As an undergraduate in Sport Technology BSc (Hons) at Sheffield Hallam University, Shirley Acquah-Davis has a strong interest in human locomotion. Her desire to gain experience working with biomechanical technologies led Shirley to a placement with Target3D where she led a project investigating the effect of fatigue on the biomechanics of three-point shooting within basketball players.

Shirley explains the mocap technology she used and shares highlights of her results…

My aim was to investigate the effect of fatigue on the biomechanics of three-point shooting within basketball players. I considered a branch of biomechanics called kinematics; these variables describe motion. Using the OptiTrack motion capture system I could use the tracking data captured to calculate kinematic joint angle data during the post data analysis process. Also, I considered surface electromyography (EMG), which enabled me to collect data on muscle function, and how it behaves within a fatigued state.

Firstly, I captured three basketball players performing free-throw and three-point shots. Although this didn’t entirely go to plan, I learnt a lot about how the motion capture system would function within a Basketball court environment as with the shiny floor and lighting it’s not a traditional motion capture space.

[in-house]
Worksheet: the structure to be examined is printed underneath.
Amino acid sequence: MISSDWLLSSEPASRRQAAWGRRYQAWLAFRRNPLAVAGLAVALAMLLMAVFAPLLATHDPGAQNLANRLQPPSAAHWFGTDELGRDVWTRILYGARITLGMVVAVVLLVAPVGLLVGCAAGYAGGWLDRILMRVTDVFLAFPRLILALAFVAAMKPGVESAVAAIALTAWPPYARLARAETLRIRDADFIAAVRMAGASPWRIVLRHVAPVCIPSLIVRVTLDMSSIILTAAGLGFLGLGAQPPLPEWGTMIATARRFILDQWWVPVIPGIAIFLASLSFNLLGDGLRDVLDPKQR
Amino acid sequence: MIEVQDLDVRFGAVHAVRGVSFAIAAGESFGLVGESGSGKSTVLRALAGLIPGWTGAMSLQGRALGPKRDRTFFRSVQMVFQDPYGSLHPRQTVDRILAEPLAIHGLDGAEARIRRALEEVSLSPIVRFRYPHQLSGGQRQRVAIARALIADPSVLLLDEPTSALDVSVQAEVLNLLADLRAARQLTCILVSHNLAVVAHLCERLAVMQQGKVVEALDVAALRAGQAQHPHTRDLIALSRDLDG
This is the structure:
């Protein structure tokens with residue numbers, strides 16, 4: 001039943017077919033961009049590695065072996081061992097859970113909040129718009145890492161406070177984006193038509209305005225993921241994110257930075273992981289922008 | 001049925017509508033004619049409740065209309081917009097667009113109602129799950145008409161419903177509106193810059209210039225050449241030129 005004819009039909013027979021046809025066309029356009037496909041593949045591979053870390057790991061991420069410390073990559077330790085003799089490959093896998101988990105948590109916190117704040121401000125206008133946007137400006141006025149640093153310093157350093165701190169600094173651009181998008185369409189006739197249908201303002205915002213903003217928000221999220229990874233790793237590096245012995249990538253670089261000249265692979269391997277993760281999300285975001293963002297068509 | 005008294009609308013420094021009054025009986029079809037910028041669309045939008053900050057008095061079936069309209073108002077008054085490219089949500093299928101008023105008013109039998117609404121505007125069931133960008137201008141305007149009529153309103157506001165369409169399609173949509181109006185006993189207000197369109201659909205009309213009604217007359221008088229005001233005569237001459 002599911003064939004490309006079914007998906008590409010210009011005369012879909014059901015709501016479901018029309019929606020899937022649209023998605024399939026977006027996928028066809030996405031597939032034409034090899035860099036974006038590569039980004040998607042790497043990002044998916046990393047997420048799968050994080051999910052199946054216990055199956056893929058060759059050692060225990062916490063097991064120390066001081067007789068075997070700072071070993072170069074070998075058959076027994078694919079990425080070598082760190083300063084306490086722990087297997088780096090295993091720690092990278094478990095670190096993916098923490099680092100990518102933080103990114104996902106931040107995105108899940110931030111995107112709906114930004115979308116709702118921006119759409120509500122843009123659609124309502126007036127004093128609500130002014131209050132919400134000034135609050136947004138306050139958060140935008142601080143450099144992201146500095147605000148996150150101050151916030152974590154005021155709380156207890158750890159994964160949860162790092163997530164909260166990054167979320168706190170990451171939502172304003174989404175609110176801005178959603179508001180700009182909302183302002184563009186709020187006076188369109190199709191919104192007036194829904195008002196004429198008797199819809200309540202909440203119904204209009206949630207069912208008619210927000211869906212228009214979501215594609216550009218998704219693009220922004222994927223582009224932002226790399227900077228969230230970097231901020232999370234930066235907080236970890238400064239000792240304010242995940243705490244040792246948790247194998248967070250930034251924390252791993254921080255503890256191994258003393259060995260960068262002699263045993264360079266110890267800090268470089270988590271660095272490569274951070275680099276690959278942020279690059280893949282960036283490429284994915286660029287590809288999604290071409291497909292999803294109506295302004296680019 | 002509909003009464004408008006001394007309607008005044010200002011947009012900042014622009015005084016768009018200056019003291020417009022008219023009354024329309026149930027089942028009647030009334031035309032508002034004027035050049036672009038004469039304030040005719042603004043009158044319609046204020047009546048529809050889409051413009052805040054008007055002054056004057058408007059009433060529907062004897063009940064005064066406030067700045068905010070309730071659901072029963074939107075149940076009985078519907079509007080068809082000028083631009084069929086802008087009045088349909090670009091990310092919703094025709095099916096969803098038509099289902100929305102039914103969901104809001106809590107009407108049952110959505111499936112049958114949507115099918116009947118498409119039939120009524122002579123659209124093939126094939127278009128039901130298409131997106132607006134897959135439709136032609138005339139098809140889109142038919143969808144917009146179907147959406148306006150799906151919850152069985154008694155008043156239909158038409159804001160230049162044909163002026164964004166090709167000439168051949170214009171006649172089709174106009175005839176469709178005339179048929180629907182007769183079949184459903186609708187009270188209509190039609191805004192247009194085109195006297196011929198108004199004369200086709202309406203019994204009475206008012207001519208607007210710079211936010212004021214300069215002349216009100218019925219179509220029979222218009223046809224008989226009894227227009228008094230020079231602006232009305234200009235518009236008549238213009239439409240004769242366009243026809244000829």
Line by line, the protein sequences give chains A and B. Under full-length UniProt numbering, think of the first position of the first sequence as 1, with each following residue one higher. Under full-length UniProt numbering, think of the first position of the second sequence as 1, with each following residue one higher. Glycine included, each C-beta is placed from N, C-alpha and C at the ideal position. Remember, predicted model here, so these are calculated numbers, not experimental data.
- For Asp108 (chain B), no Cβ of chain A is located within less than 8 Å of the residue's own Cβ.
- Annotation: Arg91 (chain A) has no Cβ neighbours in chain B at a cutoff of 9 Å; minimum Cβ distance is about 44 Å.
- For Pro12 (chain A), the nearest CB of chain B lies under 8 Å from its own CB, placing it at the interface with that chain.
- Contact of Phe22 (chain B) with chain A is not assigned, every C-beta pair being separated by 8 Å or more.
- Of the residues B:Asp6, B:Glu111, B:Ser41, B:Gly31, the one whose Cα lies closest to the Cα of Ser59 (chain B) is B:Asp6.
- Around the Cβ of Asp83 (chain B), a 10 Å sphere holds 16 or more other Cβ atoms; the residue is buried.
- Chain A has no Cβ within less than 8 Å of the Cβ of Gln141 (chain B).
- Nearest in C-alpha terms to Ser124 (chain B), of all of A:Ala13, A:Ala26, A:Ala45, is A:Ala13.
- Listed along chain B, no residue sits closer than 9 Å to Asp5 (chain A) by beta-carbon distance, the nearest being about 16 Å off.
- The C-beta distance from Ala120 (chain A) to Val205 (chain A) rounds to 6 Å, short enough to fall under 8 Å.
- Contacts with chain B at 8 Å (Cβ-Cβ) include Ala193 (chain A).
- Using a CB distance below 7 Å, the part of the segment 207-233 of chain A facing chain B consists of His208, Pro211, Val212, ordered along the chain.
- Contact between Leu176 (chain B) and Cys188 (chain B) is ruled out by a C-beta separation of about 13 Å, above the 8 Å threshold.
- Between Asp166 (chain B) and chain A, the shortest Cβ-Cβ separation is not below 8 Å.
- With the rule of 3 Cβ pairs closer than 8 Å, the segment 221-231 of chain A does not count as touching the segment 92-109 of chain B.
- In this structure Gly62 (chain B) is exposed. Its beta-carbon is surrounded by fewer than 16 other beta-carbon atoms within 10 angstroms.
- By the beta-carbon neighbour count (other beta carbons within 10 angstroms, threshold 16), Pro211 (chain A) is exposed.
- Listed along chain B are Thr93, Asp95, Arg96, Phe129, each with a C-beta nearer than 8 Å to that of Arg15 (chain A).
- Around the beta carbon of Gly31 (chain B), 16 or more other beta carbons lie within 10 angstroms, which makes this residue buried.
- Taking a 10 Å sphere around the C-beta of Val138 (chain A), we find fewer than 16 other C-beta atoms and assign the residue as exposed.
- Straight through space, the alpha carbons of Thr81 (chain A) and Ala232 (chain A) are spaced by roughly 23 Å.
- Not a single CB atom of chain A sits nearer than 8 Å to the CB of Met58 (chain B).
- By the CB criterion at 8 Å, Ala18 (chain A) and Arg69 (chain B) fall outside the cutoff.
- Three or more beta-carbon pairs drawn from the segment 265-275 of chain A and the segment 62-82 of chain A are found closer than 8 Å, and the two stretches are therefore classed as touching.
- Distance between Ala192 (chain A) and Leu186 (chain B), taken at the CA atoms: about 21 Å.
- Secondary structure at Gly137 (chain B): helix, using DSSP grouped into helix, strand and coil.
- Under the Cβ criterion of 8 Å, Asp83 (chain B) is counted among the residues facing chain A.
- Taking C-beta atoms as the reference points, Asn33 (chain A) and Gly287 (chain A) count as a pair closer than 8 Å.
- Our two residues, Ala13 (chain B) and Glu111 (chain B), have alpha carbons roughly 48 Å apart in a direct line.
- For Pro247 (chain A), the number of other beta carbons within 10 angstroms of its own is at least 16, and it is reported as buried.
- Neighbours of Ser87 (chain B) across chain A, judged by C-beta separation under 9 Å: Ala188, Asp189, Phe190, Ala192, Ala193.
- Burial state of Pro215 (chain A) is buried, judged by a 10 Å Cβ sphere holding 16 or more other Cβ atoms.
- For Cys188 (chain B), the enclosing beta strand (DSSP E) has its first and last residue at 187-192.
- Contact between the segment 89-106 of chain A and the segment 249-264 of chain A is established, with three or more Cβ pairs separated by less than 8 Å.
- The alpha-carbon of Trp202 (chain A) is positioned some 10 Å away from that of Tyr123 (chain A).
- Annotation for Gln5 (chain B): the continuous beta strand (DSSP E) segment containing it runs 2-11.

I used this experience to help design and conduct a case study around a professional basketball player. I tracked his upper body kinematics using the OptiTrack motion capture system and Delsys helped me out with providing the EMG equipment, the Trigno Avanti Sensors.

Integrating the Trigno Avanti sensor system with Motive 3.0 software allowed me to synchronise the EMG and motion capture data. Initially, this was very challenging as I had to get my head around the technical info about how the two systems work separately before figuring out how the different systems could run together during performance.